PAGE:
What is Family Counselling?
We know that family relationships can be difficult to navigate and sometimes you need some extra support and help. We know that there are complicated relationships within one family system and it can be difficult to know where to start. Family therapy can be flexible to meet your family’s needs and goals. Family therapists can take a variety of different approaches depending on the size of the family, the types of relationships that exist and the type of support the family is looking for. You may be asking yourself “what is family therapy?”
Family therapy is a type of therapy that works with the whole family as a system to resolve conflicts, past hurts, and improve relationships and communication skills.
Family therapy can include all members of a family unit or even just some of them. For example, you may want to attend family therapy with just one parent in order to focus on that relationship. You could also attend family therapy with your sibling(s) or just one child. Family therapy can be flexible in order to address the needs of your family. At times, your family therapist may choose to have a session with just you or just a member of your family in order to get a better understanding of what’s going on in your family unit. The goal is always to bring you and your family members together to work through conflicts with a safe mediator.
We’ve answered some frequently asked questions about family therapy so you can know where to start as you embark on this journey of healing together.
Can we do family therapy if not everyone in our family wants to go to therapy?
Yes! There may be a wide variety of reasons why the whole family cannot attend therapy all together. Working on one part of your family system is known to help the whole family system change. Family therapy is family therapy when there are two or more members of the family present. Family therapy is most effective when all parties who are attending are willing to be there.
How can family therapy help?
Common areas that family therapy can help with are: setting boundaries, increasing communication skills, changing patterns of conflict resolution, working through past hurts, improving future relationships, working with blended families, processing divorce or separation, generational patterns, intergenerational trauma, and grief. Oftentimes family therapy addresses a number of these areas all at once.
What if some members of my family are not in the same city?
We are so happy to offer virtual family therapy for this very reason. Counselling is regulated differently by province or territory and country. Depending on where the members of your family are you will need to chat with your counsellor to see if they are able to see all members of your family.
Will we have to talk about everything that has ever happened in our family?
You do not need to talk about the whole history of your family if you do not want to. Your family therapist will ask you what your goals are for therapy both individually and as a family to see how to best work with you and your family. If there are certain things that you do not feel comfortable discussing in therapy you can speak with your therapist about that and they will work with you to make therapy a safe and productive space.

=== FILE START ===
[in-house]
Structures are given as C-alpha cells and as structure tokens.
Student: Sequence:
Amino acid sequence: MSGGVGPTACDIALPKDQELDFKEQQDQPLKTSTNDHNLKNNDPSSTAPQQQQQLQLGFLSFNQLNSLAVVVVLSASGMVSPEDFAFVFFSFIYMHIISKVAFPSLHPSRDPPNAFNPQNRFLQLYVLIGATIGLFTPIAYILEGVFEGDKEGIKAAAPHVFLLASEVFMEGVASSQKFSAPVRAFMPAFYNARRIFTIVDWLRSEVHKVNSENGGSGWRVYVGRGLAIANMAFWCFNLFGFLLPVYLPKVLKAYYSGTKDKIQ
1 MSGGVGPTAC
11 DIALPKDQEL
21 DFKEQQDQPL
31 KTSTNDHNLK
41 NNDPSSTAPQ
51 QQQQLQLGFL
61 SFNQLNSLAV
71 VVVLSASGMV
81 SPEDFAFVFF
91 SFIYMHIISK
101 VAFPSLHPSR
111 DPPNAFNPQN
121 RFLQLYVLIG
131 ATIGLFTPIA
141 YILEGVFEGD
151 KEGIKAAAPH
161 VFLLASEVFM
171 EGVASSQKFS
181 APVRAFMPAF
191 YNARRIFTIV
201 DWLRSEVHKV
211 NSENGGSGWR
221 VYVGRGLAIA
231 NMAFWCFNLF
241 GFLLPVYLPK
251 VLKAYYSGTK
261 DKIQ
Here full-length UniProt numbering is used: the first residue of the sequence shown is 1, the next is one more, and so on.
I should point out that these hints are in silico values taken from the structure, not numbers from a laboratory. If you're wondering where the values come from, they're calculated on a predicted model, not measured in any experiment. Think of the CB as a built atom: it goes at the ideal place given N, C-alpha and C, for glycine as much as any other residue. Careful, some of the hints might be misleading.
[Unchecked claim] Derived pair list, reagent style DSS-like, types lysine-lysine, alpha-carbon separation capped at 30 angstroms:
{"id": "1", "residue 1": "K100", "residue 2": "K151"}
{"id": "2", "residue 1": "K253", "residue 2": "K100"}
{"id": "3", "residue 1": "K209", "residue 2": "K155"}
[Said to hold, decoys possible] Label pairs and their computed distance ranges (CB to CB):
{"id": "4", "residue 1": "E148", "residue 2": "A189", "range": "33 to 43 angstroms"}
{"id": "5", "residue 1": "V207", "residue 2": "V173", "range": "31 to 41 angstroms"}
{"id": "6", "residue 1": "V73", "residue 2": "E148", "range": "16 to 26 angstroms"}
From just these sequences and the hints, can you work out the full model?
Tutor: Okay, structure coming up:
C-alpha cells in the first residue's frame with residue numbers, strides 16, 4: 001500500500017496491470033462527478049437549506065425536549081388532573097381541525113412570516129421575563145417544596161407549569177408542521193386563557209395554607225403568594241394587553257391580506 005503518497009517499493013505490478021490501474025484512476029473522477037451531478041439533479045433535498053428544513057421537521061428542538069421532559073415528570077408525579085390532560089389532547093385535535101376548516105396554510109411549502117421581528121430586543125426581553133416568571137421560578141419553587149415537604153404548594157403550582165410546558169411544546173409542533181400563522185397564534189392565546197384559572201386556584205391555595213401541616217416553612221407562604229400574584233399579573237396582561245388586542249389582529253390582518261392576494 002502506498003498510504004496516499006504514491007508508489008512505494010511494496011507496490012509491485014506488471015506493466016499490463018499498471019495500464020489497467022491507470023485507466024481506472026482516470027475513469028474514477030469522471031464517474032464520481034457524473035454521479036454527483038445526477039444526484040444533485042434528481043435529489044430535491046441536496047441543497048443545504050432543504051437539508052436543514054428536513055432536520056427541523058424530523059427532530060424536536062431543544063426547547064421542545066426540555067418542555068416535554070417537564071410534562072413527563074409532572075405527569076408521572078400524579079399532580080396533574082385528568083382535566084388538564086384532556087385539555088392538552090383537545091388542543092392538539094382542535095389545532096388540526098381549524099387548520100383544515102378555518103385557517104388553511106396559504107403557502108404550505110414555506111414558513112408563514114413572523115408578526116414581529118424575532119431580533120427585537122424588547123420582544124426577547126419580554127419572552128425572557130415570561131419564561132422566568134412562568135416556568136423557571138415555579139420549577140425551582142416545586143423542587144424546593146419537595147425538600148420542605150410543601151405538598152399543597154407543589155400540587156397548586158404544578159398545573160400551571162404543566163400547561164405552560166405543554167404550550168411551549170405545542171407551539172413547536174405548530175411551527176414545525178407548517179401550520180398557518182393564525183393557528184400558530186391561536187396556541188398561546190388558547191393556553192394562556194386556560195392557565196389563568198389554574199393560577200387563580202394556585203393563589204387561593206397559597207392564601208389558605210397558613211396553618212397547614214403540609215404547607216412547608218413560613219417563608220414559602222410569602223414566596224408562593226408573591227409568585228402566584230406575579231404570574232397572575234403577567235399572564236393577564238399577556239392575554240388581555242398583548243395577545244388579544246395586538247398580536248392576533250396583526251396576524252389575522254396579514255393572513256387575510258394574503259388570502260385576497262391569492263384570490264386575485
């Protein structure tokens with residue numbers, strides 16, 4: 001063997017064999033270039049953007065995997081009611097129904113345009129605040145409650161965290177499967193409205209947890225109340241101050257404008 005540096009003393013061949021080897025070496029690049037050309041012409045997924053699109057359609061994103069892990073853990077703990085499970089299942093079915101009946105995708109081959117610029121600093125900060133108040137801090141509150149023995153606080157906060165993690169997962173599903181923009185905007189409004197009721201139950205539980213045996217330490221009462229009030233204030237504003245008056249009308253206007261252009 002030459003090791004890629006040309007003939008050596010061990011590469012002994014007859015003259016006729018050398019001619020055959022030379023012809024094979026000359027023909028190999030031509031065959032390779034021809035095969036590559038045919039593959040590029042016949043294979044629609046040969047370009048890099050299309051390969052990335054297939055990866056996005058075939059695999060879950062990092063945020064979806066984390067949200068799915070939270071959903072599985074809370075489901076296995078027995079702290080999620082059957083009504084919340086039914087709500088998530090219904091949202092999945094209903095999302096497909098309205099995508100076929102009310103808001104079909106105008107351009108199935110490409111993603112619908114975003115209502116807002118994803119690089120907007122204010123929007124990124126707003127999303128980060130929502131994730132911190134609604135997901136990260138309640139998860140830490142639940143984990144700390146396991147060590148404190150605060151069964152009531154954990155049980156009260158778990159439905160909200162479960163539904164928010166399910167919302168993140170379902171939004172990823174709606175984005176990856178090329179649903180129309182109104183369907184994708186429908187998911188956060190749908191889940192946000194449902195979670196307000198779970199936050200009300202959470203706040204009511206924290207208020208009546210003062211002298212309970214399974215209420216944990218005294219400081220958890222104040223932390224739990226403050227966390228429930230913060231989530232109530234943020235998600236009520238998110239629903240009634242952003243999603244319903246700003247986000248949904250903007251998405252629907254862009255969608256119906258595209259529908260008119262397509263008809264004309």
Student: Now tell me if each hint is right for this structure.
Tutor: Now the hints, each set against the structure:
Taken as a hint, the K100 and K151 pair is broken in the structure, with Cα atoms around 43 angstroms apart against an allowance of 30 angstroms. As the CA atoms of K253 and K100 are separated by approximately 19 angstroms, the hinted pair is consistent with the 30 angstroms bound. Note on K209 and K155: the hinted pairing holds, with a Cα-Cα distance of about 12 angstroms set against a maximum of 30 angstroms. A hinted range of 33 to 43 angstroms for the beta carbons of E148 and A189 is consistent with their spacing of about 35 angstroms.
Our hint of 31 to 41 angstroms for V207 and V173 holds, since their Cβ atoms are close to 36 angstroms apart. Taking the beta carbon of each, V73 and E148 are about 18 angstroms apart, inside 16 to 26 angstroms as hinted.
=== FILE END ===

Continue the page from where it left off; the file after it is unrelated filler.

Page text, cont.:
What if we have different goals?
It is common that family members do have different goals coming into therapy. This is because each person has their own unique perspective and may feel more strongly about some issues than others. For example, one person may have the goal of better communication in the family and another person may want to heal a past hurt in family therapy. Sometimes these goals are different but related to the same cycle or problem and sometimes they are different. Your family therapist will work with you all to see how you can each get your goals and needs met in counselling together.
What if someone in my family has been abusive?
Family therapy can support family members in healing from abuse together. This does not always mean that the abuser will be part of family therapy. If the abuse is no longer happening it is up to you if you would like to address it in therapy and if you would like that family member to be part of therapy. If there is currently abuse happening in your family it is important to share this with your therapist so they can support you in safety and healing. If there are minors involved in abuse it is ethically and legally mandated for the therapist to report this.
How will this be different than us just talking about it together?
Emotions can be overwhelming and difficult to manage when there have been historical and repeated hurts. Having a family therapist can help mediate and manage the emotions in the conversation so that you don’t have to. The therapist’s role is to facilitate healthy discussion, sharing, and exploration in the family as well as to teach new ways of interacting in the family. Your therapist is trained to handle conflict and see patterns emerge and is an objective third party which can be helpful.